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SHANON

methodistgirl
Sep-18-2008, 21:13
Welcome to the forum Shannon!
judy tooley

marval
Sep-18-2008, 23:13
Hi Shannon

Welcome to the forum, thank you for the information. Do stick around and join in.


Margaret

Contratrombone64
Sep-19-2008, 02:54
The viola da gamba is translated as viol of the leg (since it is held between the knees when played).

Exactly, as opposed to a viola da braccio (played with the arms).

Tûrwethiel
Sep-19-2008, 08:45
I once read a really interesting novel narrated from the point of view of a viola da gamba. From memory, the book traced the instrument's journey through the hands of different musicians and even through the "surgery" required to transform it into a cello when fashions changed. And, no, I didn't buy the book because it was called Resonating Bodies!

Corno Dolce
Sep-19-2008, 09:43
Aloha Tûrwethiel,

"Surgery to transform a Viola da Gamba into a Cello"?

Egads, the Gamba is such a sweet instrument. Btw, I warmly recommend that you get yourself a copy of JSBach's Cello Suites adapted for the Gamba and played by Paolo Pandolfo:

http://images.google.com/imgres?imgurl=http://ecx.images-amazon.com/images/I/3108AM7VPWL._SL500_AA240_.jpg&imgrefurl=http://www.amazon.com/Bach-The-Six-Suites/dp/B00005Q39U&h=240&w=240&sz=9&hl=en&start=38&um=1&usg=__RRFXhQ1PNqIxYbEtPow_IyN5Oqo=&tbnid=H8jnrJttMVBTWM:&tbnh=110&tbnw=110&prev=/images%3Fq%3Dpaolo%2Bpandolfo%26start%3D21%26ndsp% 3D21%26um%3D1%26hl%3Den%26safe%3Doff%26sa%3DN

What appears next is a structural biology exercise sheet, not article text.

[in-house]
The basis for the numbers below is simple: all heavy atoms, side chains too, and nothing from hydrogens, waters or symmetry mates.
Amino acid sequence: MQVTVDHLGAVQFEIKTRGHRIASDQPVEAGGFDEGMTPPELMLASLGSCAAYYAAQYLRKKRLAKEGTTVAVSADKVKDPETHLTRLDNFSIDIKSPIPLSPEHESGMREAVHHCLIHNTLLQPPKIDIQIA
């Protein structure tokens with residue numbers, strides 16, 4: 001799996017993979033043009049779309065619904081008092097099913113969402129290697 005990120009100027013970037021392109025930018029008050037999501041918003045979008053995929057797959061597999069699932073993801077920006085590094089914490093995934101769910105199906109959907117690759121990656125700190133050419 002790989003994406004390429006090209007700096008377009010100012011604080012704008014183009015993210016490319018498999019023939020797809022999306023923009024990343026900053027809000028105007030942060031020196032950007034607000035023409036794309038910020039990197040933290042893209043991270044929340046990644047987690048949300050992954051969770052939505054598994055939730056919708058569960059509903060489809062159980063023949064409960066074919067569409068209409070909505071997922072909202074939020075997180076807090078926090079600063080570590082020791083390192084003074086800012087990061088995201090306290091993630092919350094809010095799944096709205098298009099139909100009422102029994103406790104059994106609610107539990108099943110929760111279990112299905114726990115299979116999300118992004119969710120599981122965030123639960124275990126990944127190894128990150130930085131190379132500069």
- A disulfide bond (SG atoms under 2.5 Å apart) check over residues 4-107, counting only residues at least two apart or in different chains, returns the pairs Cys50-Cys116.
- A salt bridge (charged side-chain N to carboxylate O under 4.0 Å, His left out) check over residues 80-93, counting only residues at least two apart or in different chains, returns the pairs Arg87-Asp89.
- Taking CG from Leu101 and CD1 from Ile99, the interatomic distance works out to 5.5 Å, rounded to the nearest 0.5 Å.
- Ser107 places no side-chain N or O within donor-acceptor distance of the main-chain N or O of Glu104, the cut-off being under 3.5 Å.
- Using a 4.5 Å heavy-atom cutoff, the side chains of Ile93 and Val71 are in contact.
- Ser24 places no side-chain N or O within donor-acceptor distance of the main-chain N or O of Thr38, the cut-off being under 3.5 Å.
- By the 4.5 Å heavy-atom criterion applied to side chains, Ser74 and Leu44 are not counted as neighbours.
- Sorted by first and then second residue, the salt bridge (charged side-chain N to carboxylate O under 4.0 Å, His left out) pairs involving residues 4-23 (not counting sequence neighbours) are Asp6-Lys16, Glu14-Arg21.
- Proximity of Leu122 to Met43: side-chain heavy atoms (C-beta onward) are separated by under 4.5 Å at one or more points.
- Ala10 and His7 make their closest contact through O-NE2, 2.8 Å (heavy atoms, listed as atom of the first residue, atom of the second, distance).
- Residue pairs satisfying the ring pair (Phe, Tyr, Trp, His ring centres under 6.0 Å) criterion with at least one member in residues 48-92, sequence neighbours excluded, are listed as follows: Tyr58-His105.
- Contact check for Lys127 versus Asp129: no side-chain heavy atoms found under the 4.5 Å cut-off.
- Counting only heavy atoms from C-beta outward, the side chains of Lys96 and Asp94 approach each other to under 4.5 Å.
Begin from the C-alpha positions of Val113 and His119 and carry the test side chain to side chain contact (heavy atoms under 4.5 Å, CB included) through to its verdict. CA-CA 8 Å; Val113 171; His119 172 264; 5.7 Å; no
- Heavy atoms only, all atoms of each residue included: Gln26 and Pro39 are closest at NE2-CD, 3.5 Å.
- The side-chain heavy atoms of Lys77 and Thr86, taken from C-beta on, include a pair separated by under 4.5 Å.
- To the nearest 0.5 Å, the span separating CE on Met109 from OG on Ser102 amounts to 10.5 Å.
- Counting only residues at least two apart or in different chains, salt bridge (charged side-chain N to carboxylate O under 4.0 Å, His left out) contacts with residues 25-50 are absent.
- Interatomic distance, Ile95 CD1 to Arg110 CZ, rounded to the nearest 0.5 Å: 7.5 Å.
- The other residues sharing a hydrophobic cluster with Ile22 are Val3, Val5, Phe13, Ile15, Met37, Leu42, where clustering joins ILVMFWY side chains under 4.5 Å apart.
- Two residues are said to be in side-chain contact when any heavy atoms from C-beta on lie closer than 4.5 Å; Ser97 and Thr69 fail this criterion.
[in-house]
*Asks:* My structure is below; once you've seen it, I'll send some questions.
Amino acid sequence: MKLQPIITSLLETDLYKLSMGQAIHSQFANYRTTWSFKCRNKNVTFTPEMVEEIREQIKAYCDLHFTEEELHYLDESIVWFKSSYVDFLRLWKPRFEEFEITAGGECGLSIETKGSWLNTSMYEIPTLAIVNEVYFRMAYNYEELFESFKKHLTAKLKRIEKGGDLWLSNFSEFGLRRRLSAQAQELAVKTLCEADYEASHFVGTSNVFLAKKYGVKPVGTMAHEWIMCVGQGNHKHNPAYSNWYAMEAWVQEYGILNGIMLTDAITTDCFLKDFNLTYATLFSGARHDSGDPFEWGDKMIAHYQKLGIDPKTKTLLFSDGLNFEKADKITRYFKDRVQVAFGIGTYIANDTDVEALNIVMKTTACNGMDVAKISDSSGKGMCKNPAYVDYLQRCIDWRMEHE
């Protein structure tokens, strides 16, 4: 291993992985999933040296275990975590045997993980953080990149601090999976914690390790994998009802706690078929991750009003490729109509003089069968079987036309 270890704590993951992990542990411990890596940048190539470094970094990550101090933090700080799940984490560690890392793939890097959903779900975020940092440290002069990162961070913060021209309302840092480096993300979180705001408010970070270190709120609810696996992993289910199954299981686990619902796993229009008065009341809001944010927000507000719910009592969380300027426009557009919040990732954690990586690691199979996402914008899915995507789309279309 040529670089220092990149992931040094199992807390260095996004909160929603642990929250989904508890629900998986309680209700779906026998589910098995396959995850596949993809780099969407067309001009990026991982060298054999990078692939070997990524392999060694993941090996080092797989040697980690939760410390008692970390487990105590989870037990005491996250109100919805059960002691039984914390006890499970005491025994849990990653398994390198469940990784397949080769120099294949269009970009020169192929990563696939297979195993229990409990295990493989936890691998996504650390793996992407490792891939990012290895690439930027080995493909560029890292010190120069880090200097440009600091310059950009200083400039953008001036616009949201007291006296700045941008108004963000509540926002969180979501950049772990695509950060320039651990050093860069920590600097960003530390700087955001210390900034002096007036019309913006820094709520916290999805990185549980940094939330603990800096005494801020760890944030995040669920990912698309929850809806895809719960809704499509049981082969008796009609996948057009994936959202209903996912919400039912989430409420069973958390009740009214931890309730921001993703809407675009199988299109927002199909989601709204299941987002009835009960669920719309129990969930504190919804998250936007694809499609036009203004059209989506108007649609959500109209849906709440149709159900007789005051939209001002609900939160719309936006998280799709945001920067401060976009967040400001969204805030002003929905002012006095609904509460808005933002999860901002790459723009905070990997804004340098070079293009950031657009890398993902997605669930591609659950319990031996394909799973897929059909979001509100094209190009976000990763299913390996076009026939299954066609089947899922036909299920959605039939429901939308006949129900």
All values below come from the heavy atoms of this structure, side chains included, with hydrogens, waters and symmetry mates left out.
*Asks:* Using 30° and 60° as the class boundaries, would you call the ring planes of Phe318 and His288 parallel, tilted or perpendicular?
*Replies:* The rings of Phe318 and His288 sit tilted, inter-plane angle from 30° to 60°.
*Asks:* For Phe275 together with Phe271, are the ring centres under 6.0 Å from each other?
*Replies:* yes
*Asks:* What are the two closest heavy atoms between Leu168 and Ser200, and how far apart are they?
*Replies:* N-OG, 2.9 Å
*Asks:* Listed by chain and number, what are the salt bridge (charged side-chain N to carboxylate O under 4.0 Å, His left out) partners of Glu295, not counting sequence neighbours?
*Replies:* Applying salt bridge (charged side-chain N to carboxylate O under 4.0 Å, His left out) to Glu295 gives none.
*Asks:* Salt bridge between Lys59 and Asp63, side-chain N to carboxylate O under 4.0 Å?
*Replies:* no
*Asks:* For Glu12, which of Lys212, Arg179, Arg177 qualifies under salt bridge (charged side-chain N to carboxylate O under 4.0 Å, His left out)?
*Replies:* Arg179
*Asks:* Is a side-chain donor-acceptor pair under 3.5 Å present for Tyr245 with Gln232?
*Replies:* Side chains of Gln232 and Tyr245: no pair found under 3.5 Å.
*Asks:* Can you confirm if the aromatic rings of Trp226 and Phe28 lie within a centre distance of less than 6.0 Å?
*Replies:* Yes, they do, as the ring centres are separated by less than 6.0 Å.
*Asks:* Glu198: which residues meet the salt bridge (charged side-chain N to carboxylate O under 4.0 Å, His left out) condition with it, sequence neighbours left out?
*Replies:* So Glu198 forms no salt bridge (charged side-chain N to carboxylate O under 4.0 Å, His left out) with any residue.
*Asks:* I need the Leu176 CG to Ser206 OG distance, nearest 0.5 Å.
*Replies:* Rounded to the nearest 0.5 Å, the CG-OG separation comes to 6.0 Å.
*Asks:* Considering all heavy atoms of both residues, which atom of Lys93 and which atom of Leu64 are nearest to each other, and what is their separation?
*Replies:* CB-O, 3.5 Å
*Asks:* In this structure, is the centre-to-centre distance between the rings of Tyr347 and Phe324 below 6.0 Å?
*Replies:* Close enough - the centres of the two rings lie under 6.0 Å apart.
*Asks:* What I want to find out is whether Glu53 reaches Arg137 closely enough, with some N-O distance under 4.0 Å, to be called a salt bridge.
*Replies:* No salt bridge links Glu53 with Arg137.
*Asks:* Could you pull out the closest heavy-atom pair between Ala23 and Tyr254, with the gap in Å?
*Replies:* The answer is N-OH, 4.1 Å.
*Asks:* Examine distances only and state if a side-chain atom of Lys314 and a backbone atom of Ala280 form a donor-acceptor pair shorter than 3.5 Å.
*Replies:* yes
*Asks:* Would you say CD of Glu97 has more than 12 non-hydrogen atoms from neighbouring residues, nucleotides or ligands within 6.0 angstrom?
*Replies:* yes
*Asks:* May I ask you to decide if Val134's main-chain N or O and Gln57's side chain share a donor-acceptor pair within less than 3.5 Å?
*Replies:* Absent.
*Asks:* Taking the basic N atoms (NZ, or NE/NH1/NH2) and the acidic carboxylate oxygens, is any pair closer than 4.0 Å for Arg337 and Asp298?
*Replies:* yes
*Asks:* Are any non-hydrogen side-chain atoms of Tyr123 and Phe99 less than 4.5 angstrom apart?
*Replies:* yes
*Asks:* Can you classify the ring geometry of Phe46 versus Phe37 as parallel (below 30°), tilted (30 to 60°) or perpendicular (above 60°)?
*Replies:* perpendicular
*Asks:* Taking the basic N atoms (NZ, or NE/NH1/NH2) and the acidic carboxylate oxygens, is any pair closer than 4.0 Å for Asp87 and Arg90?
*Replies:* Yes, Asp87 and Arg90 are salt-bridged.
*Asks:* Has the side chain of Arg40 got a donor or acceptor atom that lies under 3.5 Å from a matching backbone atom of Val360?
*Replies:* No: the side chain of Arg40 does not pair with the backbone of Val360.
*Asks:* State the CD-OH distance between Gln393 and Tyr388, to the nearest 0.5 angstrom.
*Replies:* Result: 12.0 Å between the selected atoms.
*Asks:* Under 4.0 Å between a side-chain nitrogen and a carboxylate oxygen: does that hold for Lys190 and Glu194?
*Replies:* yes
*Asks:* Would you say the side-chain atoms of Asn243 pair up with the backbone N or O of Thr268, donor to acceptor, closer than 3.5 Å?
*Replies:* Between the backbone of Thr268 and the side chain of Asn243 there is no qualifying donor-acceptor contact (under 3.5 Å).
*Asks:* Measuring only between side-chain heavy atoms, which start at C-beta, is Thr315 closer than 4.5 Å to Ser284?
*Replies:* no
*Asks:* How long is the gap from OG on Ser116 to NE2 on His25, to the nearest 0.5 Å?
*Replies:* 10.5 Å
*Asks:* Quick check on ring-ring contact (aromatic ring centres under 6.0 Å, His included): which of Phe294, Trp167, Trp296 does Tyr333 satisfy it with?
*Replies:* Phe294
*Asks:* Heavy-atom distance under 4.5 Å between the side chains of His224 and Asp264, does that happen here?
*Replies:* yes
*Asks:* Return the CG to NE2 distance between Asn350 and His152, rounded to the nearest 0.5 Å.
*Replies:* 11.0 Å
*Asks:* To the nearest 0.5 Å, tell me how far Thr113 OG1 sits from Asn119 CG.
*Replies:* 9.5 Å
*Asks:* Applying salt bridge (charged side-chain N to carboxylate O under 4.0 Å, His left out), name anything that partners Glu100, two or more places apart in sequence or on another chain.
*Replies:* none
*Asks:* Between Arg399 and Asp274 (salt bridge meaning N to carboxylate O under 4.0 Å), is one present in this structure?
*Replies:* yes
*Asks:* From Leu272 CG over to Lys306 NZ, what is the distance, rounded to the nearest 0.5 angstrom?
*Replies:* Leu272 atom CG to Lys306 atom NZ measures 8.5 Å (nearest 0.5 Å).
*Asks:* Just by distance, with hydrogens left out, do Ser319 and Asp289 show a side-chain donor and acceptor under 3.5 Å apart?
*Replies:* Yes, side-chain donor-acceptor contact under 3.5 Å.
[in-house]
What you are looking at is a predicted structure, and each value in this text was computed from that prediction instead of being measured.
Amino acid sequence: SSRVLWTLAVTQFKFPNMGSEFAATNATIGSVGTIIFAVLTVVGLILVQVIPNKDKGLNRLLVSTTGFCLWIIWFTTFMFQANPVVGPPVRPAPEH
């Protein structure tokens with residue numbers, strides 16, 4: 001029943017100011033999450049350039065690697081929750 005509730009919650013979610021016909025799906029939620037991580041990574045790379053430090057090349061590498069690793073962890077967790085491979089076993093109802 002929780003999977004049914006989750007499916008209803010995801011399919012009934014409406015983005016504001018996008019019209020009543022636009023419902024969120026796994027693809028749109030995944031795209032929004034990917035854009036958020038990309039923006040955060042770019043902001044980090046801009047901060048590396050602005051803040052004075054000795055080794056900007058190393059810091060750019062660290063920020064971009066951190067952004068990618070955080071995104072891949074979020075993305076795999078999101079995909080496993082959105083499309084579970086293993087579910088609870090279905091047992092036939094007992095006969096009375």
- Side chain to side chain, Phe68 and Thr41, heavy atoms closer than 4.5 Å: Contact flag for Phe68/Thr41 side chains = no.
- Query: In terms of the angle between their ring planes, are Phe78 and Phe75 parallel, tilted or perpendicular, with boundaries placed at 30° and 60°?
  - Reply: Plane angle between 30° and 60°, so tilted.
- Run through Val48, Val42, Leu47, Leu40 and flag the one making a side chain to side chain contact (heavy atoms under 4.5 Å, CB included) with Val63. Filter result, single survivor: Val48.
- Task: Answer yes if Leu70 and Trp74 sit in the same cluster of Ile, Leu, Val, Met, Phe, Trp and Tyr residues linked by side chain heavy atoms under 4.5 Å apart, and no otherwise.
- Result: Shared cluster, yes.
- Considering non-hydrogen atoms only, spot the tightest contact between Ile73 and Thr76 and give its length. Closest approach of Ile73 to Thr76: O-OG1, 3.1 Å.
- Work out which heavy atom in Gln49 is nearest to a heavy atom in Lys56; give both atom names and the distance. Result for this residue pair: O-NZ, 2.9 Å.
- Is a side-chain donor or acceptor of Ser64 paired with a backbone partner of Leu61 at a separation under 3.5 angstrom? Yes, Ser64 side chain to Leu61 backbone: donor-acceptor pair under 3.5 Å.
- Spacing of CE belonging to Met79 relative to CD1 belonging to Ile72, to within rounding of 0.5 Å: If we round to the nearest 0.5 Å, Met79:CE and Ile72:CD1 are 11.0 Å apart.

Its a fabulous recording.

Cheerio,

Corno Dolce :):):)

Tûrwethiel
Sep-23-2008, 06:54
Thanks Corno Dolce. My CD collection is sadly lacking when it comes to Bach's cello suites so I will take your advice.

Contratrombone64
Sep-23-2008, 07:52
Sweet Corn - I think they would sound lovely on the viola da gamba ... not much farnarkeling need in arranging I imagine?

Corno Dolce
Sep-23-2008, 08:47
Aloha CT64,

Very little farnarkeling indeed. I sometimes wish that I would have gotten to know the viola da gamba better when I was younger - the sound is so heavenly.

Cheerio,

CD :):):)

Contratrombone64
Sep-23-2008, 09:53
Yes, heavenly indeed - I've never had the pleasure, though, spending a considerable amount of my early musical effort playing viola ... I consider myself historically more connected than, say, a violinist would.

Soubasse
Sep-23-2008, 12:46
As is your right IMO. I've always preferred the more resonant, rounded sounds of the viola and in particular the da gamba. When I was at Uni, there was an Early Music ensemble at the time consisting of three gamba players and continuo, who between them all, made a simply superb sound. I wheedled my way onto the harpsichord stool later in the year which coincidentally suited me fine since by that stage I had become - stupidly - smitten with the only female member of the group. I say "stupidly" because she ended up with a lutenist ... clearly I wasn't quite Early Music enough for her (I was mostly playing Messiaen that year).:grin: